Video industry halftime score: $8.79 billion in 2002

Consumer spending up 13.3% through June.

JULY 15 | The video industry hasn’t even begun to reap the rewards of the movies sparking the biggest summer in box-office history, but consumer spending on the purchase and rental of DVDs and videocassettes is already up 13.3% to a whopping $8.79 billion in the first half of the year.

Warner Home Video has the top revenue-generating title and three of the top five so far, putting the studio in a dominating market-share position almost any way you slice it.

More than $223 million was spent on video versions of Harry Potter and the Sorcerer’s Stone after only a month in stores, with Training Day generating $145 million and Ocean’s Eleven collecting $131 million, giving Warner a 21% ($1.85 billion) slice of the expanding pie.

According to Video Business research combining data from studio sources and VSDA VidTrac, Walt Disney Co., which had three of the Top 10 titles, led by Atlantis: The Lost Empire (which fared far better on video than in theaters), is next closest at 16.9% ($1.49 billion). That’s 1.3 percentage points below the studio’s full-year position in 2001.

With its Jan. 2 release of The Fast and the Furious making an impressive run to second place with $196 million, Universal Studios Home Video had the third-biggest market share again with a claim of just 15% ($1.32 billion), off 1.8 percentage points from its record-setting year in 2001.

Although the gap between Warner and other studios in DVD sales is still so large that there really is no race, Warner’s share slipped a bit from 24.4% to 24%. Universal is a distant second at 15.2%, and Disney dropped to third at 14.9%.

However, Warner will gladly concede a little market share in the fastest-growing segment of the market. Despite the slight decline, Warner generated nearly twice as much revenue from DVD sales as the same period last year, $732 million this year compared to $414 million in 2001, thanks to an enormous 79.9% increase in the category overall.

DVD sales surged past VHS sales for the first time in the first six months this year, with the $3.1 billion in DVD sales representing more than two-thirds of all consumer spending on the purchase of movies on home video.

Warner’s Harry Potter and the Sorcerer’s Stone was the top-selling title on both DVD and VHS. That gave the studio the top market-share positions in overall sales with $1.1 billion, or 24% of that segment of the market, which grew 32.6% to $4.6 billion. That’s despite a 12.7% decline in spending on videocassettes to $1.55 billion.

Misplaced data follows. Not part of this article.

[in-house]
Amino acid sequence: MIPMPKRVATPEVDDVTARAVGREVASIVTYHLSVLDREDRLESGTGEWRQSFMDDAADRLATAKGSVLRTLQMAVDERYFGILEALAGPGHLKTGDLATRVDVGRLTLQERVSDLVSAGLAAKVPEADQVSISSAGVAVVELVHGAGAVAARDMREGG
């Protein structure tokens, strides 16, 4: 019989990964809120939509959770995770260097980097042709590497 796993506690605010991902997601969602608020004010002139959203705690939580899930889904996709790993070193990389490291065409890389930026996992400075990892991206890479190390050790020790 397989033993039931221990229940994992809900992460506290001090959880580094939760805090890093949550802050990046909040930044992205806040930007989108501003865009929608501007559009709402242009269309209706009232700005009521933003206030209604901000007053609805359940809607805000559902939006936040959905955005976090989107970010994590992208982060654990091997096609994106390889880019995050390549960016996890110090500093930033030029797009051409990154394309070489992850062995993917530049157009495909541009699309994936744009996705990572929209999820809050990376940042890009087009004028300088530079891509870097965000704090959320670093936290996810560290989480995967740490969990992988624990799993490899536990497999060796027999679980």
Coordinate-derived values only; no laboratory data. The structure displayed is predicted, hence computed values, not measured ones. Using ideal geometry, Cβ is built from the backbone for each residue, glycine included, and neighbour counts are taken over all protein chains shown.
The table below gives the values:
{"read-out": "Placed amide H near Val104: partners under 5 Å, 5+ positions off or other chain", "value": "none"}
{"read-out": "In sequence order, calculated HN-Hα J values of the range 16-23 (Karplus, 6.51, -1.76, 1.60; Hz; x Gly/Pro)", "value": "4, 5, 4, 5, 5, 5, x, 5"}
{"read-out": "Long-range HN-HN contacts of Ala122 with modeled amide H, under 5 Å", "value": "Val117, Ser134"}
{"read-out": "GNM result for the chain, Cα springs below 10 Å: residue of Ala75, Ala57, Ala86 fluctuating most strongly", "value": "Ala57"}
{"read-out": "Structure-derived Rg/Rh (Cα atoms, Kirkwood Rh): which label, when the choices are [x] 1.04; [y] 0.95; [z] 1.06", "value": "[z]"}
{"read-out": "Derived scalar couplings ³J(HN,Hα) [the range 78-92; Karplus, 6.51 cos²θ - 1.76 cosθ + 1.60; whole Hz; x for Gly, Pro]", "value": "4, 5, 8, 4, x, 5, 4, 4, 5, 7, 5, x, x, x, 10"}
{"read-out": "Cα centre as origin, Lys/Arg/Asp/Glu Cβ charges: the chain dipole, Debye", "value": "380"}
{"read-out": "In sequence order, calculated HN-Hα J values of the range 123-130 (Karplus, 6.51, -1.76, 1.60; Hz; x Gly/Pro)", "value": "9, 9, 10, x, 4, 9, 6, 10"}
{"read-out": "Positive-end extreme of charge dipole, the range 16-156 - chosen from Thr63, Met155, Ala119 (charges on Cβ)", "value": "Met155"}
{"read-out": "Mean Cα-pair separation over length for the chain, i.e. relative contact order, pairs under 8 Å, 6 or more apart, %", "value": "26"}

VHS sales is the one remaining category that Disney is still leading even though it dropped 2% on a $100 million decline in spending on their videocassettes. The studio did it with volume, landing seven titles among the 10 best-selling videocassettes of the first six months. That led Disney to a 27.5% share of the market segment with $425 million.

DVD rental revenue also increased significantly to $1.3 billion–a 116% burst–although consumers still spend more than twice as much renting movies on videocassette ($2.9 billion in the first half of the year). However, VHS rental revenue was off a dramatic 21.7% from the $3.7 billion in the same period last year, according to VSDA VidTrac, lowering overall rental revenue 2.4%.

With the top DVD renter in Training Day, Warner was the market-share leader in DVD rentals, VHS rentals and overall rentals with the studio’s titles generating $749 million, representing 17.8% of all rental fees.


Don’t Say a Word from 20th Century Fox Home Entertainment was the top rental title overall with more than $76 million, followed by Training Day with more than $71 million, then The Fast and the Furious with more than $65 million.

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